Supreme Court action paves the way for marriage equality in 11 more states

In this July 1, 2013 file photo, Rick Nelson Flor, right, holds a flower bouquet as he stands next to his partner Robert O'Rourke before their wedding ceremony in West Hollywood, Calif. Jae C. Hong, AP

Gay rights advocate Vin Testa waves a rainbow flag in front of the Supreme Court in Washington. On June 26, 2013, the U.S. Supreme Court issued a pair of landmark rulings, one striking down a law that denied federal recognition to same-sex marriages and the other clearing the way for gay couples to wed legally in California.J. Scott Applewhite, AP

Gay rights advocate Vin Testa waves a rainbow flag in front of the Supreme Court in Washington on June 26, 2013.

WASHINGTON — In a surprise development, the U.S. Supreme Court today announced it would not accept for review any of the seven appeals on same-sex marriage bans from five states. The action means that the stays placed on lower court decisions in all five states –decisions that struck down bans on marriage for same-sex couples— are immediately lifted, making way for lower courts to issue orders requiring the states to stop enforcing their bans and begin issuing marriage licenses.

The action also means that six other states in the same federal circuits as the five states which had appeals before the high court will have to abide by the federal appeals court rulings in those circuits or take the unusual tact of asking their circuits for full bench review of their cases. A three-judge panel in all three circuits –the Fourth, Seventh, and Tenth—struck down the bans on marriage for same-sex couples.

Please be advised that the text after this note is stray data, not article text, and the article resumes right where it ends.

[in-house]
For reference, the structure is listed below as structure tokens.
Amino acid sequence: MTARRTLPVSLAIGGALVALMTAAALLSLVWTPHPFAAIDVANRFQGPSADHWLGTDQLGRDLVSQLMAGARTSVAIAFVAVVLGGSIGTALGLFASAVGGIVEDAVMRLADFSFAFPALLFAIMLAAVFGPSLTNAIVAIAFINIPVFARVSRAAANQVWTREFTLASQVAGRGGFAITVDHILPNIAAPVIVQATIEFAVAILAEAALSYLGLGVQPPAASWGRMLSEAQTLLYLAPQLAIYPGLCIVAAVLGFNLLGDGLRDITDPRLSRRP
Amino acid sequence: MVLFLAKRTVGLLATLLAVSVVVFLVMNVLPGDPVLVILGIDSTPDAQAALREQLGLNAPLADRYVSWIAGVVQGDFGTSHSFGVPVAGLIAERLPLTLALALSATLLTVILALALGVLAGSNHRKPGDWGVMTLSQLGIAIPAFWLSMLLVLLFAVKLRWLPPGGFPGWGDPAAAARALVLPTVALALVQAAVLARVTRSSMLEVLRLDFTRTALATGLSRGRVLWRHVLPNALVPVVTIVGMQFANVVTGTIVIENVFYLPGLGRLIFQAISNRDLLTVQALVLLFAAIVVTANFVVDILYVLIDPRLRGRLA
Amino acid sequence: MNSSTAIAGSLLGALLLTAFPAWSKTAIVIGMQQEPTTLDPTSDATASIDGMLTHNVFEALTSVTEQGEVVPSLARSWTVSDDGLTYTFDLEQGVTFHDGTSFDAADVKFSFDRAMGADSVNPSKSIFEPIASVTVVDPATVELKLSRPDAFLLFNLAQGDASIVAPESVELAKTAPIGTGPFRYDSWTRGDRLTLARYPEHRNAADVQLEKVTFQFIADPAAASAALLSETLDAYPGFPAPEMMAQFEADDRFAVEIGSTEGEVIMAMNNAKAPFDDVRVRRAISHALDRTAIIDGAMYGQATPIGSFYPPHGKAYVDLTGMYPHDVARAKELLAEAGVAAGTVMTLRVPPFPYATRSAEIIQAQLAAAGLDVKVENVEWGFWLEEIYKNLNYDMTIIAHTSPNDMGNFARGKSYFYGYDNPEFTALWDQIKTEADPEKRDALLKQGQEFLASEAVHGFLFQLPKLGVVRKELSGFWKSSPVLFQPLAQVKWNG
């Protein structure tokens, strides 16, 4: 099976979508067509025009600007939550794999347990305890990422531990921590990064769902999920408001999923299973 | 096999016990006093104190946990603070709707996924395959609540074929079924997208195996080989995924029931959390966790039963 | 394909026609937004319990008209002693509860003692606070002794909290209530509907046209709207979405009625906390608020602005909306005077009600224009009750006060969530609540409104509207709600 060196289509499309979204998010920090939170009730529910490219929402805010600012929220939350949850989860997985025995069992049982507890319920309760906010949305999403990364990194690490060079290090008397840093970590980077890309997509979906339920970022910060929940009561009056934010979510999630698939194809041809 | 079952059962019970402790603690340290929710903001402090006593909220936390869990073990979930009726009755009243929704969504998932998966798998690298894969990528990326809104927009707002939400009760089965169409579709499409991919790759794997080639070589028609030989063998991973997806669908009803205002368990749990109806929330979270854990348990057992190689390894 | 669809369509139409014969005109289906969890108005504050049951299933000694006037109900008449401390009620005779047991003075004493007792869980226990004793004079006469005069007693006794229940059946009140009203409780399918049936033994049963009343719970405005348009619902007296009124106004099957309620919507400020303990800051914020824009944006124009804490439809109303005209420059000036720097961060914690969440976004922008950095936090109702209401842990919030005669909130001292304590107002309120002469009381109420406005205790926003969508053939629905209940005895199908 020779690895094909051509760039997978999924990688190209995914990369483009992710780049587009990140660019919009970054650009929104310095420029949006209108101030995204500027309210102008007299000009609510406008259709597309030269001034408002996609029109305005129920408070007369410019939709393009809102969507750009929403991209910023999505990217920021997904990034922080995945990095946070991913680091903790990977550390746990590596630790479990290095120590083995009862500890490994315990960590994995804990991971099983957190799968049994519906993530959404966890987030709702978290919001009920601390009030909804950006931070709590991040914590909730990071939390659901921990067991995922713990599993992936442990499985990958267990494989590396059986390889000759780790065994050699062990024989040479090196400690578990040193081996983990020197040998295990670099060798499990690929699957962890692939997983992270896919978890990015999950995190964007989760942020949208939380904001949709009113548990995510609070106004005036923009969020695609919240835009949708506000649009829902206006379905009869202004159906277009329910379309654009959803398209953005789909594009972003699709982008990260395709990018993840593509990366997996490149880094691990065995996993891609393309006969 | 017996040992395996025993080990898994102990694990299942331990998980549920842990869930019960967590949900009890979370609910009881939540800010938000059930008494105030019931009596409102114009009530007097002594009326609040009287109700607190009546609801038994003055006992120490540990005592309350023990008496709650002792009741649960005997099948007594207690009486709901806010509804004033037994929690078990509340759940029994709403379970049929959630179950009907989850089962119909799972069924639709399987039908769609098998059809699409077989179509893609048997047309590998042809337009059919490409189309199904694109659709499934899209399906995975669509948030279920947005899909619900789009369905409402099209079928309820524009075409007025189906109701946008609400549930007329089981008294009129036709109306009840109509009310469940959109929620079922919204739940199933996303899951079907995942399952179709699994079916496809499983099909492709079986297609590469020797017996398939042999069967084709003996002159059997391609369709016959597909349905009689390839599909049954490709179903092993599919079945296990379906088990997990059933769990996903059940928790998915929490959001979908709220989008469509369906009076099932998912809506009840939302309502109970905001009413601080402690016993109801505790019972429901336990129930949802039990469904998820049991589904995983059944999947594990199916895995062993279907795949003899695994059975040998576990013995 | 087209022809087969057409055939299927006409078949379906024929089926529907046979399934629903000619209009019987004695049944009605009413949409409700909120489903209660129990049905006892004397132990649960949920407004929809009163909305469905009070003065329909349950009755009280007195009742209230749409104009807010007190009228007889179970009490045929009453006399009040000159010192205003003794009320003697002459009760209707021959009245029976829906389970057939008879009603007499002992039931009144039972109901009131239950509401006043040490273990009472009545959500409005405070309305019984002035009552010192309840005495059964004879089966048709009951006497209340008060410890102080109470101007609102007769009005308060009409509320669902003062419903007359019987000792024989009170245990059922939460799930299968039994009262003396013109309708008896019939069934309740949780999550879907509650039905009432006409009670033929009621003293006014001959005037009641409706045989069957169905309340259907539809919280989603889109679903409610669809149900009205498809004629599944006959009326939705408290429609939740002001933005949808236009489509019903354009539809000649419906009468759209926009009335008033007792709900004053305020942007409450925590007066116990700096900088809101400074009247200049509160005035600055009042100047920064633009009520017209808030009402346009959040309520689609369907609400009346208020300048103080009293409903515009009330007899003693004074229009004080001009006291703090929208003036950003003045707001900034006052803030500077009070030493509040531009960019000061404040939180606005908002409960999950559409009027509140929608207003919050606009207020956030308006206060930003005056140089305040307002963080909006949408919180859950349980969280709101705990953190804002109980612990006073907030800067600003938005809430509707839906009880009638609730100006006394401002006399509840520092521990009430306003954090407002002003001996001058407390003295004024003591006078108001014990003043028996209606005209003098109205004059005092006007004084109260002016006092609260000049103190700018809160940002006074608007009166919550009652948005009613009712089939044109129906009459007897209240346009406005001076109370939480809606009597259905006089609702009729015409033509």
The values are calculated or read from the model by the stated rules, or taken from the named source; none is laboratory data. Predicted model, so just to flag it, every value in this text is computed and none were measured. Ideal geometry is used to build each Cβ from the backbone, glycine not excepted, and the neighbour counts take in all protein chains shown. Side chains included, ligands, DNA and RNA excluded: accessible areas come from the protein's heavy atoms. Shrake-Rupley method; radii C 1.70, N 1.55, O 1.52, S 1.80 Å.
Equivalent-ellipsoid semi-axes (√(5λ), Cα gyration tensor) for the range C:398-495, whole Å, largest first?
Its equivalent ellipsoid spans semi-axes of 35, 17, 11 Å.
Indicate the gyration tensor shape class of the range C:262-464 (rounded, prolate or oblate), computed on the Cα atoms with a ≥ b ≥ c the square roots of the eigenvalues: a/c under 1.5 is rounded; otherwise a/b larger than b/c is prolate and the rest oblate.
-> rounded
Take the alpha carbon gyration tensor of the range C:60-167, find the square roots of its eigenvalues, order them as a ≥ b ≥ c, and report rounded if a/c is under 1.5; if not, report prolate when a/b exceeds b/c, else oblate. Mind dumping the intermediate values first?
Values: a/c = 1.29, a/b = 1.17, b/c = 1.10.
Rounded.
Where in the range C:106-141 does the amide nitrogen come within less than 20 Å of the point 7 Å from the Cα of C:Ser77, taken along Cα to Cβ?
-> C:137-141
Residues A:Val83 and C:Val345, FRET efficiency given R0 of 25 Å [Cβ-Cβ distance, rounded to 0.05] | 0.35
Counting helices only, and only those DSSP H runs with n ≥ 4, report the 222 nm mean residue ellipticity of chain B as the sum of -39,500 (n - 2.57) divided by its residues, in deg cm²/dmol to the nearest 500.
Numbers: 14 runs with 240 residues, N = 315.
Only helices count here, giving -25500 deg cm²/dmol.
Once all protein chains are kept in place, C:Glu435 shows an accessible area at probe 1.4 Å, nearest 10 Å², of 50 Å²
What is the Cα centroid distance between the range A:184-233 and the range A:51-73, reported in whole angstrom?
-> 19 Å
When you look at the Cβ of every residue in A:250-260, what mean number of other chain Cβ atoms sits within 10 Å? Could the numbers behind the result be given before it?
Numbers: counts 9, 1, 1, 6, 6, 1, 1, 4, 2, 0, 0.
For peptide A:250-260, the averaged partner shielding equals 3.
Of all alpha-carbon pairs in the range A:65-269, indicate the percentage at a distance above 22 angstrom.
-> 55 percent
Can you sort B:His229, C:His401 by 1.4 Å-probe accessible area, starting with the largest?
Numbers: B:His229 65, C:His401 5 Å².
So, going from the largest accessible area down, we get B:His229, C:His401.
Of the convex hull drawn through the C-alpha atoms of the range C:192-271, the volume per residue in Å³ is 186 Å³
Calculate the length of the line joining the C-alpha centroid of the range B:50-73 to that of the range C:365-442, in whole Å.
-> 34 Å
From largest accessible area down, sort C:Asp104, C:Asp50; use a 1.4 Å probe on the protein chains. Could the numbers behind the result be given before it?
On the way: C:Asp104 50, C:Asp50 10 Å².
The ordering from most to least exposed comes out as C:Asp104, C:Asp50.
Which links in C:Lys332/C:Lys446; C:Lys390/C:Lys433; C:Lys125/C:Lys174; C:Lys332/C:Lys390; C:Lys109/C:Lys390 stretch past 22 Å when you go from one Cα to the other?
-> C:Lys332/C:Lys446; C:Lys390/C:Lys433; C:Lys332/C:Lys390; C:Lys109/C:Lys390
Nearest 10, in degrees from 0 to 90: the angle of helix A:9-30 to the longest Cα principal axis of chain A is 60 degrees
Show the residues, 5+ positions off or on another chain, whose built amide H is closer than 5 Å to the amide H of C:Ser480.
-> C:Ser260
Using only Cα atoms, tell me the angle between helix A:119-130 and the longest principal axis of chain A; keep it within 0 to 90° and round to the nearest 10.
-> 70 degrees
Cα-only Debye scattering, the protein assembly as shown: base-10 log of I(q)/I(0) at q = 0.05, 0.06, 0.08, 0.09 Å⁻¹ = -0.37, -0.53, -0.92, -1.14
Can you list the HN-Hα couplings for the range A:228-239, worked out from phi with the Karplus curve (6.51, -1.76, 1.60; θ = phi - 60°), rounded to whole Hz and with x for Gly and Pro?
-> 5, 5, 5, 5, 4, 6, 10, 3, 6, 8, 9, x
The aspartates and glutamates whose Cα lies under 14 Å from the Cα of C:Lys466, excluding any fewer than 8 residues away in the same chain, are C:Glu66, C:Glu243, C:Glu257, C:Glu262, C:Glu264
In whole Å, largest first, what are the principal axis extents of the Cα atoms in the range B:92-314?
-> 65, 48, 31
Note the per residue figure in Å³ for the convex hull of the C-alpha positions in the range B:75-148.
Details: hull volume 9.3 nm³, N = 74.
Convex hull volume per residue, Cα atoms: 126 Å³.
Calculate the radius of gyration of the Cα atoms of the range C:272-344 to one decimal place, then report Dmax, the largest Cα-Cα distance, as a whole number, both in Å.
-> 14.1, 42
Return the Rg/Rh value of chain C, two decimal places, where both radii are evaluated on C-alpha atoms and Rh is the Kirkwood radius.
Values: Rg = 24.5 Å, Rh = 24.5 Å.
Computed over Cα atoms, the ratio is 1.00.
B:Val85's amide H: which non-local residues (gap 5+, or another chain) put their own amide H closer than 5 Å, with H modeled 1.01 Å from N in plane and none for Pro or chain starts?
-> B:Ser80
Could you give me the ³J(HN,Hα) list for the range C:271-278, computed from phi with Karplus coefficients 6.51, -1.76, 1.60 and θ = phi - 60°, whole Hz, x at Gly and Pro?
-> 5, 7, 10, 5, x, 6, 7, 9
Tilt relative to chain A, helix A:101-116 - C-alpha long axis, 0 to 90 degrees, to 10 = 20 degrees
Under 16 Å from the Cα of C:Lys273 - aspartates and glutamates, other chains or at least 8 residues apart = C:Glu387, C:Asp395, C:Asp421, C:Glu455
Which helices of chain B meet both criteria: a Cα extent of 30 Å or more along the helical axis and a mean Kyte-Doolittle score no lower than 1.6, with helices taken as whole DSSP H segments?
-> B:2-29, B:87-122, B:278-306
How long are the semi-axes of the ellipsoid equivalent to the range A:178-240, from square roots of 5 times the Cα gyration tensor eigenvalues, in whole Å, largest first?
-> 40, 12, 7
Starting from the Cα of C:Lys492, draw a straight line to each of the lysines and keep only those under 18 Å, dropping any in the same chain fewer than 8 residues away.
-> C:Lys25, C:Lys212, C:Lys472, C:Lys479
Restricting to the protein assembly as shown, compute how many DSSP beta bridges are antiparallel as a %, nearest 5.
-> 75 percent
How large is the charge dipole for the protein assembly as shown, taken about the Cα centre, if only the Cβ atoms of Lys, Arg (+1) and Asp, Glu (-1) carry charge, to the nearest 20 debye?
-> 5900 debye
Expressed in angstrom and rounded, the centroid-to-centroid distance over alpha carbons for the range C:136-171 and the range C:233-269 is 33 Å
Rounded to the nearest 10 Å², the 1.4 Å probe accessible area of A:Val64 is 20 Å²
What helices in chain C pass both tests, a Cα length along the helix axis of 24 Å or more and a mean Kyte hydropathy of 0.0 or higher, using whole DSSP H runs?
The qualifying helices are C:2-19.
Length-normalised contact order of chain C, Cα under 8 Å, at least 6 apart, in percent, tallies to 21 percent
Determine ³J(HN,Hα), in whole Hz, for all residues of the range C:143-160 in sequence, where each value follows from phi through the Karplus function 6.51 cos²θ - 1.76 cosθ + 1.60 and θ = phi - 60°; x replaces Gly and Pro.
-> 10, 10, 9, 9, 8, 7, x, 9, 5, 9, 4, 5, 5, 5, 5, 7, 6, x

That means that very soon, same-sex couples will likely be able to marry in 30 states plus the District of Columbia, tipping the balance in favor of marriage equality, from the previous 19 states and D.C.

The Salt Lake Tribune reported that the Tenth Circuit issued an order just minutes after the Supreme Court’s announcement was made public, lifting the stay in that state and alerting clerks in Utah that they should immediately abide by its ruling that the ban is unconstitutional.
Colorado Attorney General John Suthers implied the Supreme Court announcement denying review of the cases was tantamount to a ruling.

“We have consistently maintained that we will abide by the Supreme Court’s determination on the constitutionality of marriage laws,” said Suthers in a press release. “By choosing not to take up the matter, the court has left the 10th Circuit ruling in place.” He said Colorado clerks “must begin issuing marriage licenses to all same-sex couples” soon after the Tenth Circuit issued its order.

In Wisconsin, Republican Governor Scott Walker told reporters on his re-election campaign trail that the issue is “resolved” and there would be no further attempts to defend the state ban; Dane County announced it would issue licenses to same-sex couples immediately.
The Indiana attorney general posted a statement indicating the state would begin issuing license “soon.”

The Fourth Circuit issued its order mandating that states stop enforcing the bans at 1 p.m. EDT Monday. Virginia Attorney General Mark Herring, who has opposed that state’s ban, issued a press release saying that same-sex couples could begin obtaining marriage licenses as soon as that order is issued.

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